How will the cardinals vote?
What are they doing to campaign and win votes?
What are the political issues that are being debated?
What are the names of the factions?
Who are the good guys and who are the bad guys, based on their stances on the political issues that matter to editors?
Who is most likely to favor the changes in ancient doctrines that the editors would like to see made?
At the heart of all this, as of late, is the drive to understand "what Catholics want" from a new pope. This leads to polls built on the assumption that there are people called "normal Catholics" who can be polled and plugged into the questions listed above.
Oh my. That sound you hear, after reading all of this, is the sound of church-going, active, doctrinally minded Catholics screaming, because framing a papal election in these terms -- for them -- is kind of like listening to fingernails scraping a chalkboard.
This produces headlines such as the following, care of The Washington Post:
Poll: Majority of U.S. Catholics favor change
The top of the story under this headline is oh so typical:
A majority of American Roman Catholics consider the church out of touch with their views and they want the new pope to usher in policies that reflect more modern attitudes, according to a new Washington Post-ABC News poll.
As cardinals gather in the Vatican to select a successor to retired Pope Benedict XVI, the poll suggests most Catholics in the United States hope the next pope will move the church in a new direction that someday could include married priests and female priests.
Yet even as six in 10 Catholics characterize the church as not in sync with their attitudes and lifestyles, 86 percent said it remains relevant, according to the poll, conducted last week. And more than two-thirds of the Catholics polled praise Benedict, saying he did a “good” or “excellent” job.
I am happy to report that, right after this newsy train wreck, the reporting team -- as opposed to the headline writing team -- got its act together and alerted readers to the reality behind these numbers.
In other words, the word "Catholic" is now pretty much meaningless, unless one knows to degree to which the person wearing that adjective is active in practicing the traditions of the faith.
The seemingly contradictory results reflect a schism between regular churchgoers and those who attend church less frequently. Catholics who go nearly weekly are more likely to say they want the new pope to maintain traditions. Those who go less frequently are more apt to favor change. ...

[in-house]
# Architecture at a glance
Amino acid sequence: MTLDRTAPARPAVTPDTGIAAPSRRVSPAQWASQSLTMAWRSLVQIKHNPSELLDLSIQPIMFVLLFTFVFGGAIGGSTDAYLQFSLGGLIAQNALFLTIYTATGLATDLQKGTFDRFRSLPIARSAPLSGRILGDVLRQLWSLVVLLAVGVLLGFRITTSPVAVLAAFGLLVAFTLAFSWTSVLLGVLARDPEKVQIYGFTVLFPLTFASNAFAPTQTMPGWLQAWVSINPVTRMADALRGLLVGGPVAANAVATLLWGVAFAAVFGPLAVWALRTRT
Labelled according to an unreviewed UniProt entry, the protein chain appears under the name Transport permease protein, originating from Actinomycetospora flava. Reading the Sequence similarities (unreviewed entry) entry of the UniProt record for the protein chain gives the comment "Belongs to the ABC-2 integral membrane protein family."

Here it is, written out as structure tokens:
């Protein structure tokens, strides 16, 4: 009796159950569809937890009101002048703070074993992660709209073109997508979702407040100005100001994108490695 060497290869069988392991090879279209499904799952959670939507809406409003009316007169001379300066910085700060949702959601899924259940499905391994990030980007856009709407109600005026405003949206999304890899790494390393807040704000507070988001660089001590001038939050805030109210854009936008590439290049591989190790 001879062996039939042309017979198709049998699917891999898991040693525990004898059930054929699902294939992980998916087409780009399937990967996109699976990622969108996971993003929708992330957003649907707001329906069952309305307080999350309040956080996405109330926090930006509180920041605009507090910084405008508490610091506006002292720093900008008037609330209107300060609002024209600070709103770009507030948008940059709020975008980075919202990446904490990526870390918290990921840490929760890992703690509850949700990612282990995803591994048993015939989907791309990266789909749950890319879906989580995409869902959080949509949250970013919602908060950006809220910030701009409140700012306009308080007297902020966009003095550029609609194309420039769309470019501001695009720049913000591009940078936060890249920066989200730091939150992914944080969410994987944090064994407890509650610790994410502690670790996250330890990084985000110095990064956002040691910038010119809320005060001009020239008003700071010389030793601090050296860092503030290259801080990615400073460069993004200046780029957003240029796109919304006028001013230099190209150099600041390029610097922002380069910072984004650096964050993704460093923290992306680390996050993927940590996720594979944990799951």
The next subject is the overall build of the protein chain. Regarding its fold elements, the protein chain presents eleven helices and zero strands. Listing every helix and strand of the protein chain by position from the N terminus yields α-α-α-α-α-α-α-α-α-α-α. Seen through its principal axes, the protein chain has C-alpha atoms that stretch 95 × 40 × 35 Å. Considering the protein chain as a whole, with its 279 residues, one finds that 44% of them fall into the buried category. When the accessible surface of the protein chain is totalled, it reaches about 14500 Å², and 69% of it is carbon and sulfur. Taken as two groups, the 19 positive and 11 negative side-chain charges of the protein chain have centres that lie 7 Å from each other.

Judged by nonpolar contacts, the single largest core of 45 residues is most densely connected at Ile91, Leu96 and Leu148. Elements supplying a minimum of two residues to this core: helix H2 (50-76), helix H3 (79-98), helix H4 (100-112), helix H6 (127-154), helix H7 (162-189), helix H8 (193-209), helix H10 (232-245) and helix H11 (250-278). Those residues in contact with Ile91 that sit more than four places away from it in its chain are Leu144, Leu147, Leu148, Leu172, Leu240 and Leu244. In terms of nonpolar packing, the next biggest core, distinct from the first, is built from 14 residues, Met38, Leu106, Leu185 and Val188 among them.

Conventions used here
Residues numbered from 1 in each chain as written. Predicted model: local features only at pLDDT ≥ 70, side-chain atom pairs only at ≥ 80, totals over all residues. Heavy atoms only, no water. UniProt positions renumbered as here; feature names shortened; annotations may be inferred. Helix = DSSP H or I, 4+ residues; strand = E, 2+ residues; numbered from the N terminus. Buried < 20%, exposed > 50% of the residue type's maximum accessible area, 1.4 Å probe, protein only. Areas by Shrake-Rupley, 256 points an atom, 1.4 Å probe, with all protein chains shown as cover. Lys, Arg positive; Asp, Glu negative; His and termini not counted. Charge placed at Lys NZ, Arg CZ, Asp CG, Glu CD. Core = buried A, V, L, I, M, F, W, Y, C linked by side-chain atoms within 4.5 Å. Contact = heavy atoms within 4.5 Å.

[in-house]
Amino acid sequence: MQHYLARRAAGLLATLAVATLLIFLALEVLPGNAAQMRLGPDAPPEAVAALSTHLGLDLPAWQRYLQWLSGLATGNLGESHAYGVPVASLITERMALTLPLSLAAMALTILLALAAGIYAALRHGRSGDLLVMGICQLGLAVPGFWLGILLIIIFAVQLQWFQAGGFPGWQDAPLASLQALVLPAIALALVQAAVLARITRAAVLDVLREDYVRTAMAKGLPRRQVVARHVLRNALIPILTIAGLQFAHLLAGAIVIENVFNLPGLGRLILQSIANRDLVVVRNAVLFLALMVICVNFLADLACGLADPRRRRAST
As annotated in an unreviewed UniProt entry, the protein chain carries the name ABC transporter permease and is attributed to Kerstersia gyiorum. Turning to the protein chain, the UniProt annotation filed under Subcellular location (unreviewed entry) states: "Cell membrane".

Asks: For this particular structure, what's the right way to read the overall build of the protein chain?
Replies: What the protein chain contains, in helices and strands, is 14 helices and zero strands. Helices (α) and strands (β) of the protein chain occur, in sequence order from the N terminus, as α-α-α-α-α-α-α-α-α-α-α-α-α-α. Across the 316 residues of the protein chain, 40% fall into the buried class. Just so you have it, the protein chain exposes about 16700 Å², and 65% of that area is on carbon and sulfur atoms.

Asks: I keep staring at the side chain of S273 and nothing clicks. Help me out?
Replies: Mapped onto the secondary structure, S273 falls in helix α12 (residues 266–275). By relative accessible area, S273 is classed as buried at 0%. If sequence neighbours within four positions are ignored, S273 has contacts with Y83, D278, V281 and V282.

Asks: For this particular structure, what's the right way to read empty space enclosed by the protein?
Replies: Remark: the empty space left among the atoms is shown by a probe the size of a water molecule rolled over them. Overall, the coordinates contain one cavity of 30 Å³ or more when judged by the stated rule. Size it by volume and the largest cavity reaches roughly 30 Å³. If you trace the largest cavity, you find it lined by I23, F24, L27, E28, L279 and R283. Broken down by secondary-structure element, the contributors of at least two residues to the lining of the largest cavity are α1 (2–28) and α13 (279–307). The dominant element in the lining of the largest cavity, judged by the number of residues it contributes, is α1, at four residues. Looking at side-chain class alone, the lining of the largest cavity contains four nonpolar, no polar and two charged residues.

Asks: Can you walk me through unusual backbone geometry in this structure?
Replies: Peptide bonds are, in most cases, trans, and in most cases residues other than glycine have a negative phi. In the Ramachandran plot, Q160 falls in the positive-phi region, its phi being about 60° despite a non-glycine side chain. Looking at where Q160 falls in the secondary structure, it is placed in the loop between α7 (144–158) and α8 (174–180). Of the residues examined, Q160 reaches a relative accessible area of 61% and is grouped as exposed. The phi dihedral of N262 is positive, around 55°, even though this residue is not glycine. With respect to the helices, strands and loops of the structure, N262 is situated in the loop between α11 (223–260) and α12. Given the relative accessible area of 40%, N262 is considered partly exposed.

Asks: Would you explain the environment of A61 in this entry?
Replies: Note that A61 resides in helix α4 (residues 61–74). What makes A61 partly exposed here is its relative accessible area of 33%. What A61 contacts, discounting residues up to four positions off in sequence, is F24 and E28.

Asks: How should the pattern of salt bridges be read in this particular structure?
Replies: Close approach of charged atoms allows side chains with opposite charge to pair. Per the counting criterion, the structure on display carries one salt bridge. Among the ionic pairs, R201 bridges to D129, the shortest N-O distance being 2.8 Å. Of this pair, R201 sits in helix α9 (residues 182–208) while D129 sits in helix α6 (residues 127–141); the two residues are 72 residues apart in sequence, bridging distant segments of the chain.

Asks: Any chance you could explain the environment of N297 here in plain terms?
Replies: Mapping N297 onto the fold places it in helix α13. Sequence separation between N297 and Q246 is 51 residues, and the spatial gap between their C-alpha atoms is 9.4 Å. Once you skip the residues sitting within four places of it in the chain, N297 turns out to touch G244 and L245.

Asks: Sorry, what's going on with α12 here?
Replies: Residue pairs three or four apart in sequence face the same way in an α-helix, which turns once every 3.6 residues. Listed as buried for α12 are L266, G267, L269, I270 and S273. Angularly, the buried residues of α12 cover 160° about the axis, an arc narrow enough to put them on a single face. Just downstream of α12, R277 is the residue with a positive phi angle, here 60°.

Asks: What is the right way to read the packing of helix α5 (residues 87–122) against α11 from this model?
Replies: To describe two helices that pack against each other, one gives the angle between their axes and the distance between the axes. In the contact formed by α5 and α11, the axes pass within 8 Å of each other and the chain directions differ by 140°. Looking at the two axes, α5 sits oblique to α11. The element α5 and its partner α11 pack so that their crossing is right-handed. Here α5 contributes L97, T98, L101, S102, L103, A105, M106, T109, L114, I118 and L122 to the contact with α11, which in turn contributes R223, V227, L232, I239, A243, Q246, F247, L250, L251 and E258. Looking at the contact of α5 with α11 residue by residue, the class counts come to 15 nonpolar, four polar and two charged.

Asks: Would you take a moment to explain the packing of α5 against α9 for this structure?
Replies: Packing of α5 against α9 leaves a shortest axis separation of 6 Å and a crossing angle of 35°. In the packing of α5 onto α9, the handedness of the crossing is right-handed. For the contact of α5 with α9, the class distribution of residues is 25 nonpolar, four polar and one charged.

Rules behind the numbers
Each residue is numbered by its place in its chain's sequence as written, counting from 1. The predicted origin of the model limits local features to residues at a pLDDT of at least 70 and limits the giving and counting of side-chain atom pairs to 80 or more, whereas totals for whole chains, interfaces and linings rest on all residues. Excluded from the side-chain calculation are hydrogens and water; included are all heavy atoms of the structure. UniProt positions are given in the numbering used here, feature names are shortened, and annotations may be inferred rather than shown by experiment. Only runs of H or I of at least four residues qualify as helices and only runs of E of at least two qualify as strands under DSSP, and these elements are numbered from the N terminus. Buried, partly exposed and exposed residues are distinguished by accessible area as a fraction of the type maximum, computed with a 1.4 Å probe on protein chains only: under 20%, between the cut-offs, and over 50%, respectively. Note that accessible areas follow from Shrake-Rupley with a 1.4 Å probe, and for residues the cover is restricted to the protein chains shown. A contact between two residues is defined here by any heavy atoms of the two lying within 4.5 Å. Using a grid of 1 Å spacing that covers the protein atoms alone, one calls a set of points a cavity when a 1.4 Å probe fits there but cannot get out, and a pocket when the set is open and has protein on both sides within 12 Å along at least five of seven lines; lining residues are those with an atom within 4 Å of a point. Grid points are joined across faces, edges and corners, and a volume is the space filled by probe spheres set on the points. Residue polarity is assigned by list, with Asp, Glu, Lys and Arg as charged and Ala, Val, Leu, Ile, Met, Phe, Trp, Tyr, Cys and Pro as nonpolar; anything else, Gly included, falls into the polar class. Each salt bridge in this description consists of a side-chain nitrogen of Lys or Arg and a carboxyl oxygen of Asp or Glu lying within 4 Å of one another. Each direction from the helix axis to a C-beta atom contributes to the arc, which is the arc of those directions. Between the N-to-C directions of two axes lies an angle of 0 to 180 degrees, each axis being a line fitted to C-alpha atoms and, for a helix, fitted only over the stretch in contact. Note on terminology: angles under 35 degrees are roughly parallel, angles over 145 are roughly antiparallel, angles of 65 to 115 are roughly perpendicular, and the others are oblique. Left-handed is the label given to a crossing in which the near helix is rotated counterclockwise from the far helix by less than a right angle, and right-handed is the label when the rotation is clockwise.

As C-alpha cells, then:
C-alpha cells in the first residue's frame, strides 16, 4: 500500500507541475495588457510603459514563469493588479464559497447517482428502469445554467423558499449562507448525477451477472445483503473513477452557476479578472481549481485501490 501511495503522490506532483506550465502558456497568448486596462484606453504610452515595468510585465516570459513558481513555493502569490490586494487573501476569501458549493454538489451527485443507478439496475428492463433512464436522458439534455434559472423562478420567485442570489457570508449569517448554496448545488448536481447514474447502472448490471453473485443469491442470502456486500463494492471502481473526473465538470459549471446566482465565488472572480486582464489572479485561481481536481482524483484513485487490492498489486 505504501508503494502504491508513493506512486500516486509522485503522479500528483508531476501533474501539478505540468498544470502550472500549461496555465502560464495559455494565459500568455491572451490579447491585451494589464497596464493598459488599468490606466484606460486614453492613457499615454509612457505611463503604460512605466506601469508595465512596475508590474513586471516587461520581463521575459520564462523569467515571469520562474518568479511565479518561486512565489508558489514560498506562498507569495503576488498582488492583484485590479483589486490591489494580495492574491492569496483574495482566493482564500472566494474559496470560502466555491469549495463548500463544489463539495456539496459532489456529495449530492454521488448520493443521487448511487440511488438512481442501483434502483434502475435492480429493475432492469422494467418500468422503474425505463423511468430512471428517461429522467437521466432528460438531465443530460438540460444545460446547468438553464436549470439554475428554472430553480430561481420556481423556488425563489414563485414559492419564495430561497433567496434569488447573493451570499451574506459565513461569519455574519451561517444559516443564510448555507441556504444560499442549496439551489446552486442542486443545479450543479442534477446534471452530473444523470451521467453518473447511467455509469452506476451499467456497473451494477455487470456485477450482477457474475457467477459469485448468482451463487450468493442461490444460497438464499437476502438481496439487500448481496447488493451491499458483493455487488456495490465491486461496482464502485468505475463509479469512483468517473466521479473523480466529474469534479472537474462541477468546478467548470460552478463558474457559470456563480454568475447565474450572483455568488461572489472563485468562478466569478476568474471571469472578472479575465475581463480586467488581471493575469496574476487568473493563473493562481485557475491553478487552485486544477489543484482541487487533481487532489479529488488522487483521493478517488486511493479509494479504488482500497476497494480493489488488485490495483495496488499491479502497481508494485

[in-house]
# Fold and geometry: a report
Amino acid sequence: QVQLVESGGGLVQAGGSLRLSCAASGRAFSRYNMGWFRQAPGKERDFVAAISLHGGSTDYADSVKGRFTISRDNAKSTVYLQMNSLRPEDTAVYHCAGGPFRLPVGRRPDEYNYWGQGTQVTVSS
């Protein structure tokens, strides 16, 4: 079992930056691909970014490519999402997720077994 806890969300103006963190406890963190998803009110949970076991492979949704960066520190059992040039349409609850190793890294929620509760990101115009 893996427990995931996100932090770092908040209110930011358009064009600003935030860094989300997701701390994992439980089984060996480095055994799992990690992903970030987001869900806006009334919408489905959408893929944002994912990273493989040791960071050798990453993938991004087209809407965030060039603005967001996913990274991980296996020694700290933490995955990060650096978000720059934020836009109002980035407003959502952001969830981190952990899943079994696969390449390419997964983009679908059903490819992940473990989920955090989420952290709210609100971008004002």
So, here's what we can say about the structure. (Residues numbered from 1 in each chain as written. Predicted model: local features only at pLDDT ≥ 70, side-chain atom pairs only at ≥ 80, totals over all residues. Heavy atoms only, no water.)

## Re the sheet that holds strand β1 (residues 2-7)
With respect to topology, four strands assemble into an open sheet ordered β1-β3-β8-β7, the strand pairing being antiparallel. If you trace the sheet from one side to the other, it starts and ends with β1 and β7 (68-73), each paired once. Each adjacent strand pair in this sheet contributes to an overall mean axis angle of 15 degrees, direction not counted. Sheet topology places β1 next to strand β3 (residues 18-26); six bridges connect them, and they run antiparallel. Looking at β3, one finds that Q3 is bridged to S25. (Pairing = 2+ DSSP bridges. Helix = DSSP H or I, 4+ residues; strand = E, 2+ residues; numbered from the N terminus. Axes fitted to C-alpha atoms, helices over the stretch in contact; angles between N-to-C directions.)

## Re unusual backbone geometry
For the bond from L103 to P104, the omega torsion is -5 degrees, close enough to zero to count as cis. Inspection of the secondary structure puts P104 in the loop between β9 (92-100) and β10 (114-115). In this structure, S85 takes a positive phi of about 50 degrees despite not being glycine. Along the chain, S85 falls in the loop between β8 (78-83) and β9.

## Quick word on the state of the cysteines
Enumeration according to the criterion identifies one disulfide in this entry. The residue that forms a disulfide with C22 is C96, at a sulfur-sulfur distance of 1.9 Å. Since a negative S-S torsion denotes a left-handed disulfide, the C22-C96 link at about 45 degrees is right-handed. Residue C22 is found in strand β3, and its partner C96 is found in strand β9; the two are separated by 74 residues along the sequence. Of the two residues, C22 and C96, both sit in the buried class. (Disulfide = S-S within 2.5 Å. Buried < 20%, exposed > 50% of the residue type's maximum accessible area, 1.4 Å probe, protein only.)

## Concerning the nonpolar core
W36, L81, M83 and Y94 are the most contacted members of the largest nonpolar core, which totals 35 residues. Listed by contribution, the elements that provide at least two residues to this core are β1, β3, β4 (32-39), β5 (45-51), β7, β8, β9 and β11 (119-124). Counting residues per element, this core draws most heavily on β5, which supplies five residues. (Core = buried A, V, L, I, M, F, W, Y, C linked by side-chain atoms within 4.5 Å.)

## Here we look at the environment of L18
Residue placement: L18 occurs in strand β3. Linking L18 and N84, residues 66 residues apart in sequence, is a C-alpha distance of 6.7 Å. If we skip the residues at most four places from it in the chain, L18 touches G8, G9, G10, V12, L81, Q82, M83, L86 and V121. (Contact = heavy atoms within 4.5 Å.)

The Post-ABC poll finds 55 percent of Catholics opposing the ban on married priests, while 58 percent oppose the prohibition on female priests. About a third say they want to keep the priesthood male and unmarried.
That sounds about right, in a land in which fewer than 10 percent of the "Catholics" ever go to Confession.
The problem is that, having established this clear line between the practicing Catholics and the Catholics who are not active in the church, the story delivers no addition information on how this reality is reflected in other issues facing the church. To be blunt, there is no way to know -- in this report -- if this poll contains information that would help readers understand the choices facing Catholic leaders.
With that in mind, and as we all watch events unfold in Rome, let me remind GetReligion readers of this weblog's handy typology of Catholic "voters," which grew out of conversations with a veteran Catholic priest active in Beltway life. It looks something like this:
* Ex-Catholics. While most ex-Catholics are solid for the Democrats, the large percentage that has left to join conservative Protestant churches (perhaps even many Latinos) lean to GOP.
* Cultural Catholics who may go to church a few times a year. This may be an undecided voter … depending on what is happening with the economy, foreign policy, etc. Leans to Democrats.
* Sunday-morning American Catholics. These voters are regulars in the pews and may even fill leadership roles in their parishes. These are the Catholic voters that are really up for grabs, the true swing voters that the candidates are after.
* The “sweats the details” Catholic who goes to Confession, is active in the full sacramental life of the parish and almost always backs the Vatican, when it comes to matters of faith and practice. This is where the GOP has made its big gains in recent decades, but this is a very, very small slice of the American Catholic pie.
Note that this grid draws lines INSIDE the mythical whole called "American Catholicism" and even among the church-going camp that is mentioned in the polls, including this Washington Post-ABC News poll.
As we all wait for news from Rome, please share some URLs -- in the comments pages -- for poll-driven stories that do a good job, or a bad job, of reflecting some of the dividing lines inside the "Catholic" camp.